By Nicholas Godfrey
USA: Top equine females across the generations provide the highlight of Saturday’s US programme, with leading three-year-old Swiss Skydiver taking on her male counterparts at Keeneland and champion racemare Monomoy Girl in action at Belmont. All of the action is live on Sky Sports Racing in Britain.
Santa Anita Oaks winner Swiss Skydiver (Kenny McPeek/Mike Smith) is only second filly ever to run in the Blue Grass Stakes (10.30pm BST), at $600,000 the richest race among six graded stakes worth a total of $1.9 million at Keeneland’s rescheduled behind-closed-doors five-day summer meet. The other one came fifth in 1944.
Usually held in April, the Blue Grass is a major trial for the Kentucky Derby, this year postponed until September 5 owing to coronavirus.
Swiss Skydiver gets a 5lb sex allowance from her opponents, who are headed by Arkansas derby runner-up Basin (Steve Asmussen/Ricardo Santana) and west-coast visitor Rushie (Mike McCarthy/Javier Castellano), while Art Collector (Tom Drury/Brian Hernandez) has looked good in lesser grade.
A more conventional spot for a three-year-old filly with Classic aspirations is the G1 Ashland (9.24pm BST), in which Bonny South (Brad Cox/John Velazquez), Tonalist’s Shape (Saffie Joseph/Tyler Gaffalione) and Venetian Harbor (Richard Baltas/Joel Rosario) are out to press Kentucky Oaks claims.
Rushing Fall (Chad Brown/Javier Castellano) goes for a repeat victory in the Jenny Wiley (9.57pm BST) on turf, in which she bids to join Lady Eli and Beholder as the only horses since 1976 to win G1 races at ages two, three, four and five.
West-coast pair Jolie Olimpica (Richard Mandella/Mike Smith) and Toinette (Neil Drysdale/Flavien Prat) look the main threats.
Yet more top fillies turn out in the G1 Madison (8.18pm BST), where Guarana (Chad Brown/Jose Ortiz) will start hot favourite after a strong effort on her seasonal debut last month at Churchill Downs.
At Belmont Park, Monomoy Girl (Brad Cox/Florent Geroux) continues on the comeback trail in the G2 Ruffian (7.55pm BST). Having landed an Eclipse Award during a magnificent three-year-old campaign culminating in the Breeders’ Cup Distaff, the five-year-old missed the whole of 2019 owing to colic and a hamstring injury.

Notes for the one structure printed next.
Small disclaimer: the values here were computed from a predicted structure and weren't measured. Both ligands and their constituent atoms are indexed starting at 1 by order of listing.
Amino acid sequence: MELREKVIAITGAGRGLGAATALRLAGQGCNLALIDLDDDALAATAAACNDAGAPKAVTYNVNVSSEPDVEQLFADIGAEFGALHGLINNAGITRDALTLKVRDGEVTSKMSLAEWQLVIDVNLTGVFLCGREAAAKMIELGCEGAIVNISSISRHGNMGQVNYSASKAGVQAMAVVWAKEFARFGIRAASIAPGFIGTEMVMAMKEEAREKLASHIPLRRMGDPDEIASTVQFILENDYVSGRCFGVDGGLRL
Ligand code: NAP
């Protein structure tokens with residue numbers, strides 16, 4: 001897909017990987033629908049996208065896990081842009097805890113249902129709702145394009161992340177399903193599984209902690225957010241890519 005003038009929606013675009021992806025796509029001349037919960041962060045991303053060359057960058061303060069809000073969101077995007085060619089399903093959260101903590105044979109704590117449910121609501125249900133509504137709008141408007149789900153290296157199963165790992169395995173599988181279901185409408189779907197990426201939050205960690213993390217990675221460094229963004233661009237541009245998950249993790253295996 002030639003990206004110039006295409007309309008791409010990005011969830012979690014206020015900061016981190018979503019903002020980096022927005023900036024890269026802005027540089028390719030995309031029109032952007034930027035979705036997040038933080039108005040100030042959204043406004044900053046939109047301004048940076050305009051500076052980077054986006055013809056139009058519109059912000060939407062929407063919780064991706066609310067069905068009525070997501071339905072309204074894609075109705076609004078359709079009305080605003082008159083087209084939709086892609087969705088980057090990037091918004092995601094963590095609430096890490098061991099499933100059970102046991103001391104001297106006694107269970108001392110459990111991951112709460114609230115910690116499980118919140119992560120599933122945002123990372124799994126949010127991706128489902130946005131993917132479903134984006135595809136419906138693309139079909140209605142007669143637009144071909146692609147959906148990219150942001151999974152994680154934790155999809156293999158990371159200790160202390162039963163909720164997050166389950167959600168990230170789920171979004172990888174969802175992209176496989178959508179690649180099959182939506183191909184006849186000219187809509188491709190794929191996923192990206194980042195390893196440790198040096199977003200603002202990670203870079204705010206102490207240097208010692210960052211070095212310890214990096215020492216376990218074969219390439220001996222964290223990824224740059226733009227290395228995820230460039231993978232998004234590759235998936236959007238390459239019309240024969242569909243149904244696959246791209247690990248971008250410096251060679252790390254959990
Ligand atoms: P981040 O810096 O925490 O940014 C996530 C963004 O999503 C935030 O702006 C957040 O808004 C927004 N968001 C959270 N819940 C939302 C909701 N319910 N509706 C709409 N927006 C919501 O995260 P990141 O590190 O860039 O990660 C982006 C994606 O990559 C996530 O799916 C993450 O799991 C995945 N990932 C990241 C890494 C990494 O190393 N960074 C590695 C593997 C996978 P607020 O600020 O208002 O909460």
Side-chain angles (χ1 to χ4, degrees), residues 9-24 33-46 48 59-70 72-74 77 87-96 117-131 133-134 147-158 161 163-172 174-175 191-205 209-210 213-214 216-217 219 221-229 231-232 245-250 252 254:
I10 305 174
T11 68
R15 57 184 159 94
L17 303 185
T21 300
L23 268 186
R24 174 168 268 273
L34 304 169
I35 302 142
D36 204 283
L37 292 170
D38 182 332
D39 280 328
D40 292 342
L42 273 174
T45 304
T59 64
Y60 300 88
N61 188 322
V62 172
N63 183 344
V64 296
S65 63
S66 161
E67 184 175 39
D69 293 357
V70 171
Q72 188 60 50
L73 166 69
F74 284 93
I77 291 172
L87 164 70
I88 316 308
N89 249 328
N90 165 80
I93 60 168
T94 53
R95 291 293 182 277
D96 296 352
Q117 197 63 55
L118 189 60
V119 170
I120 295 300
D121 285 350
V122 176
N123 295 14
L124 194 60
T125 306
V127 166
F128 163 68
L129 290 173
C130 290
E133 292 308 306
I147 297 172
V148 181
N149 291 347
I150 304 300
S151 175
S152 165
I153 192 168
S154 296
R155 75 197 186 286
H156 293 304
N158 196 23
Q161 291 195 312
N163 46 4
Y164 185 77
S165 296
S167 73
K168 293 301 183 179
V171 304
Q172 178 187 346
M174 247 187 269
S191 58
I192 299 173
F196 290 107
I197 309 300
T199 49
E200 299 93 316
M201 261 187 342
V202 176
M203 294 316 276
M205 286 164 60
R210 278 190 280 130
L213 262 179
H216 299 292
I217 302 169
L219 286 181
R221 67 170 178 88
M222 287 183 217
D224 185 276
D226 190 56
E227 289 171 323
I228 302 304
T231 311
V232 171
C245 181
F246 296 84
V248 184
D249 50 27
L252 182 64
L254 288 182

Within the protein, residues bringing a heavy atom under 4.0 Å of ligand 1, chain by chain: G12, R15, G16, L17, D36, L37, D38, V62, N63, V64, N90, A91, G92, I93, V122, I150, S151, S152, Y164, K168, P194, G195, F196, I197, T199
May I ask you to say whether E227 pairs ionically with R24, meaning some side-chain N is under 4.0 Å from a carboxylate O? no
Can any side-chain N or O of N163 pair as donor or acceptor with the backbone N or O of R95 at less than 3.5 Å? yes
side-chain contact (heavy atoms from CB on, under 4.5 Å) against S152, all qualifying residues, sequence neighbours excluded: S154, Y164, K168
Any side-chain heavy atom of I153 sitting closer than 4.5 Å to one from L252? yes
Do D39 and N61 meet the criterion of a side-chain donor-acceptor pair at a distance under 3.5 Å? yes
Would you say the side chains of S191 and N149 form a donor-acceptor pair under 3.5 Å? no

She returned to action on May 16 with an easy win in minor company on a sloppy track at Churchill Downs.
Shall we talk about it?
“I’d sure rather be in post three than 13. He is doing good; he has had to earn his way into this spot. There was a question if he really wants to go two turns, but he checked that box and did it maybe with an exclamation point. He drew away at the end and had his ears up while galloping out afterwards. It is time to jump in to the deep end of the pool and see how he stacks up against this kind.”
Tom Drury (trainer)
“This nine weeks since the Arkansas Derby has really helped him. The Arkansas Derby really took a lot out of him trying to keep up with Charlatan all the way around there. So on these nine weeks he got good weight and he’s really looking good. We’ll be forwardly placed for sure.”
Ryne Poncik of Jackpot Farm (owner)
“I think the ultimate goal is the Breeders’ Cup and the shot at another championship. There’s no reason to stretch her out to two turns in her second start in 18 months. This seems like the logical spot. I’ve seen her and physically she looks fantastic. She’s large, she’s powerful and she’s beautiful.”
Michael Dubb (part-owner)
“I really wanted to stretch her out further and she’s training well in blinkers. You can’t ever not run because of one horse and it’s an opportunity in a small field to get a big graded-stakes placing. I know Monomoy Girl on paper looks imposing, but my dad always said, ‘if Secretariat can get beat, anybody can get beat.’ So, we’ll take our chances and I think a one-turn mile at Belmont will really suit her.”
Carlos Martin (trainer)
“I’ve got another filly [Envoutante] in the Ashland that we’re fond of, and I hate running against each other if I can help it. She gets a bit of a weight break in the Blue Grass, and we did Triple Crown nominate her. It seems to be pretty wide open.
“She’s doing super and she gets weight from all these colts. I think she’s going to like the added distance. I like the mile and an eighth better than the mile and a sixteenth.”
Kenny McPeek (trainer)